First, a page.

Mini Mutfak is a good restaurant in the centre preferred by young people. Keskin Restaurant, near my workplace, serves good food as well. The system is very simple – there’s nothing like a menu card, we simply show what we want to eat. You can ask for a bit of everything in order to taste various dishes.
The expression ‘sulu yemek’ literally means ‘diluted food’ so for example beans or chickpea in tomato sauce, chicken bites with vegetables in sauce or meat-balls in sauce etc.:) However, the sauce tastes nothing like European tomato sauces and it’s very watery.
‘Kızartma’ is another interesting dish. It’s nothing more than fried potato, aubergine, pepper and zucchini with a few spoons of cool yoghurt on top. ‘Biber dolması’ is a pepper stuffed with rice. In addition, take some ‘pilav’ (rice) or ‘bulgur pilavı’ (rice of wheat grains).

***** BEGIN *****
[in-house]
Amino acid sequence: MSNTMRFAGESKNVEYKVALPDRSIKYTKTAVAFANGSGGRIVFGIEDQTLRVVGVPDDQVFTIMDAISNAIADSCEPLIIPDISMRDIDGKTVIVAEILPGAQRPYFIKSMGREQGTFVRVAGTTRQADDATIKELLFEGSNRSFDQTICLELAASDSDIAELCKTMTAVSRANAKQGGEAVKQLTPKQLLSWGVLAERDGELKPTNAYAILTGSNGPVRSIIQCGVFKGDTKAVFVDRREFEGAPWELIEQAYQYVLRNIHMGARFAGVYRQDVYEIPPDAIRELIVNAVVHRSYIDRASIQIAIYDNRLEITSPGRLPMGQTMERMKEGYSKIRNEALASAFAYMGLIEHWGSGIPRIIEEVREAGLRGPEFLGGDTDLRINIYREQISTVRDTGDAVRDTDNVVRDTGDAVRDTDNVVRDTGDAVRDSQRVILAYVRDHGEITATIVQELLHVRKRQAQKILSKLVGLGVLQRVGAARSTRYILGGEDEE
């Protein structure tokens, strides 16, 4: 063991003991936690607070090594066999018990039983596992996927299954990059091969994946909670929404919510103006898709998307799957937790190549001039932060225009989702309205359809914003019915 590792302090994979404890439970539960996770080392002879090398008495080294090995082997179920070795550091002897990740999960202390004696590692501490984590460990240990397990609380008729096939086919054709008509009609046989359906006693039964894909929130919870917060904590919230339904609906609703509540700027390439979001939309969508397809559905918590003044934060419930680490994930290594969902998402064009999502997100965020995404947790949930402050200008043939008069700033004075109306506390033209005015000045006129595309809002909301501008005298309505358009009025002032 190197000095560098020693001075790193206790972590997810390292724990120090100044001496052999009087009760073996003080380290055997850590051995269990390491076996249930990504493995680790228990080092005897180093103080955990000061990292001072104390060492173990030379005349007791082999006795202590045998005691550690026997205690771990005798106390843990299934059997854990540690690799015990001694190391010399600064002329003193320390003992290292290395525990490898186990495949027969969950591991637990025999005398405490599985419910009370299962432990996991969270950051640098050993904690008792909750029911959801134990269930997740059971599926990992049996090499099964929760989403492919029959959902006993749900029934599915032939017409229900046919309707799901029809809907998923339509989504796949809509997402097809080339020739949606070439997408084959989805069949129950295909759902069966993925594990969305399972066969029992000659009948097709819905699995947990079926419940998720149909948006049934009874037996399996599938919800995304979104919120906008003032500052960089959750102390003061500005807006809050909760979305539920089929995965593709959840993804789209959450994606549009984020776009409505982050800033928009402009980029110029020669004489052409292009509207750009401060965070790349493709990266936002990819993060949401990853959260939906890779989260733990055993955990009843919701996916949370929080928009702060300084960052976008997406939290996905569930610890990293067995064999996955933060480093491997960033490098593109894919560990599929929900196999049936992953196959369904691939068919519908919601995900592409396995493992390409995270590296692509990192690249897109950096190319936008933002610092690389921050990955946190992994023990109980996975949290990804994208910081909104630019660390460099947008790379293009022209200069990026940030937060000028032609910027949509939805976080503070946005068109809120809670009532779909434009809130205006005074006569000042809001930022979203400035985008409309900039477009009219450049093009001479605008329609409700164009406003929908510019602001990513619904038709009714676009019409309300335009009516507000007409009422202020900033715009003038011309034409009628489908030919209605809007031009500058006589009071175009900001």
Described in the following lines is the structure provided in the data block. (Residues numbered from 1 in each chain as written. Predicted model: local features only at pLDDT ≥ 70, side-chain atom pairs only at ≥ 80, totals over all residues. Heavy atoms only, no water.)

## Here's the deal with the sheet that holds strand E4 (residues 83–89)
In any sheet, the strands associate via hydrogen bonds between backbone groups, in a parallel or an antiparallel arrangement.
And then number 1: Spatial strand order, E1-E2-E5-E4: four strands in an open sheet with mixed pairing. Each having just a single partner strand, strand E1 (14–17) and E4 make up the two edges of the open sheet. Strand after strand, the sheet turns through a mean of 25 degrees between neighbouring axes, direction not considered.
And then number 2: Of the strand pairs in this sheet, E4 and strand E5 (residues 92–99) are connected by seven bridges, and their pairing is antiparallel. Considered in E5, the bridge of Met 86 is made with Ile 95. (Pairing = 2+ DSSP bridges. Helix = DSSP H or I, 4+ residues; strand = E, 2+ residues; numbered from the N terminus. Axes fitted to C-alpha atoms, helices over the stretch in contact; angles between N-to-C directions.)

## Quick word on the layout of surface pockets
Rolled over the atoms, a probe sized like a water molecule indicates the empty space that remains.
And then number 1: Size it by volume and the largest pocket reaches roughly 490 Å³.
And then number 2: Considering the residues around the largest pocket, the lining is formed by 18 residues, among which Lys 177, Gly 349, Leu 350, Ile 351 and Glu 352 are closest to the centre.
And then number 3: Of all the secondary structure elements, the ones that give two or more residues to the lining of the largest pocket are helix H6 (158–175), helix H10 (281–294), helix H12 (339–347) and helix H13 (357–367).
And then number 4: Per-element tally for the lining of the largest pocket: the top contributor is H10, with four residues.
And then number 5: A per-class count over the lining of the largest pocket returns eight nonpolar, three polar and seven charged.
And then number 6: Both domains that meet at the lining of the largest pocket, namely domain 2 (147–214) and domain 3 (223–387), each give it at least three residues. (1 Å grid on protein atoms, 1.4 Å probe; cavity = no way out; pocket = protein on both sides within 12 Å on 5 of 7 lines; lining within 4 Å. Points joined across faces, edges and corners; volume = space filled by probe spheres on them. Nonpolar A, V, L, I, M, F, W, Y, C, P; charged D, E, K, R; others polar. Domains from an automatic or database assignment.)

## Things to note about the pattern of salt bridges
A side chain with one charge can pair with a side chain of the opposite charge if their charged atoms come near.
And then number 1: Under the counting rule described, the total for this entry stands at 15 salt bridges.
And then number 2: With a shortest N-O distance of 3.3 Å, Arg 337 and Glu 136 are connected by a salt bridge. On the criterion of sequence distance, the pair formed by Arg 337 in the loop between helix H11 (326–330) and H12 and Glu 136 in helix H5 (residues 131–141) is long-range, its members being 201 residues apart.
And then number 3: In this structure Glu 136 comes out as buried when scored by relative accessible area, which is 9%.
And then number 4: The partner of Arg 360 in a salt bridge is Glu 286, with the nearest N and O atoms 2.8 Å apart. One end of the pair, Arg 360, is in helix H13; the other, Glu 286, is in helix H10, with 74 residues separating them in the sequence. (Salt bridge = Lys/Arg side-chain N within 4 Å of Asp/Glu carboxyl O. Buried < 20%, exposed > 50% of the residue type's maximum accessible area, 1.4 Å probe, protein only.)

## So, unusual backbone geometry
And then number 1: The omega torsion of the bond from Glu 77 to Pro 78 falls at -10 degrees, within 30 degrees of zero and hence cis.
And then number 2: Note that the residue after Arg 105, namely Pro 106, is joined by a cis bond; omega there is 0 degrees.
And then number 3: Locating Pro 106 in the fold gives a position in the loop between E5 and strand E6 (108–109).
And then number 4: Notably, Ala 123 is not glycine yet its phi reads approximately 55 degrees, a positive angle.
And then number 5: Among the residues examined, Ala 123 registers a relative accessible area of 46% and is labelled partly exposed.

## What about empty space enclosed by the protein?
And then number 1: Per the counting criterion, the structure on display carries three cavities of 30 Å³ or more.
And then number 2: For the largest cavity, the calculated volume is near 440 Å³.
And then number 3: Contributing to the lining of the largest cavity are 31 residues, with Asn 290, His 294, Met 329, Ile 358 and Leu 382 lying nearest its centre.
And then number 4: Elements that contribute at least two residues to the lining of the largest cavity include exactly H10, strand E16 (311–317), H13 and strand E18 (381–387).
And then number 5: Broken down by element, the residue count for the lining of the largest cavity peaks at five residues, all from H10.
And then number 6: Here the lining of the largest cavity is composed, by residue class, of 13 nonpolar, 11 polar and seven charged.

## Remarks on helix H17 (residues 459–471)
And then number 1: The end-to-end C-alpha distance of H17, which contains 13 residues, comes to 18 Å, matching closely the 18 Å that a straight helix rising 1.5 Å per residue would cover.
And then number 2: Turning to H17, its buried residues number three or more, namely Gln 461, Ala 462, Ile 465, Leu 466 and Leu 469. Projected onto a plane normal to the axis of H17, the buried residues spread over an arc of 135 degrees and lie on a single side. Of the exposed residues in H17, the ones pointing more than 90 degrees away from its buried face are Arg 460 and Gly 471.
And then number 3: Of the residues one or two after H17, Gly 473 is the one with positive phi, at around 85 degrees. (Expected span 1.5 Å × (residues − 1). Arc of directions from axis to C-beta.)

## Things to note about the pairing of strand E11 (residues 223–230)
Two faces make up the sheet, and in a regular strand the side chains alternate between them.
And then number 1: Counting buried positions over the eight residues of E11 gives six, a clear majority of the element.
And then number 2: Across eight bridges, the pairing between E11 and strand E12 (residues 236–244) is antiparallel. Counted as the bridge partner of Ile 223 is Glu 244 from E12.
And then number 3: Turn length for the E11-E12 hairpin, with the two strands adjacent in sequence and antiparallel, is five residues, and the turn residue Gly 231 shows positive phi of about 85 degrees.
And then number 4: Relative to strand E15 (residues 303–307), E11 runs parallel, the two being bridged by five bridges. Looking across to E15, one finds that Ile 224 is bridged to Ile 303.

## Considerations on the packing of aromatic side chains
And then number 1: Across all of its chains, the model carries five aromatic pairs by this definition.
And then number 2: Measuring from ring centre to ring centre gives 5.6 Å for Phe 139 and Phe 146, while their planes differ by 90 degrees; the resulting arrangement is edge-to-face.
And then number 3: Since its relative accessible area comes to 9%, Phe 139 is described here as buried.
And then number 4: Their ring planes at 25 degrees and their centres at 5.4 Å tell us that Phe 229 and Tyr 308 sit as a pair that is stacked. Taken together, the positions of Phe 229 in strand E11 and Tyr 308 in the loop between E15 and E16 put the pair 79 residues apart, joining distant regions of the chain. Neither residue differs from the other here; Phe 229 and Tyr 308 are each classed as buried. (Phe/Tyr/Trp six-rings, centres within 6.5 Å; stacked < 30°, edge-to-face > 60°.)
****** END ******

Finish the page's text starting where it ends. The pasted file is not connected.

As far as everyday food is concerned, you can also try one of Turkish soups, e.g. ‘mercimek çorbası’, ‘ezo gelin’ (lentil soups), ‘domates çorbası’ (tomato soup) or ‘tavuk çorbası’ (chicken soup. They all are typical creamy soups served with some white bread.
If you are looking for more extreme experiences and tastes you should visit Flaş Restaurant or Şefin Yeri, where aside from those already mentioned you can try ‘beyin çorbası’ (made from sheep’s brains), ‘kelle paça’ (made from sheep’s head and foot) and ‘işkembe’ (made from tripe)…
Köfte and piyaz
Back to casual tastes :) ‘Piyaz-Köfte’ is a wonderful combination but need to be pre-ordered. The best ‘piyaz-köfte’ is served at Aran Lokantası in Alanya but in fact a small town Aksu just before Antalya (and its roadside restaurants) is famous for this dish. ‘Piyaz’ is made from white beans with tomatoes, onion and eggs in a delicious olive oil and lemon sauce. In our region some tahini is added as well. Additionally, on a separate plate, we get ‘köfte’ (small deliciously seasoned lamb meat balls), grilled green pepper and a pile of ‘pilav’. On the grill, the meat is often covered by ‘pide’ or bread which is later served with the meal.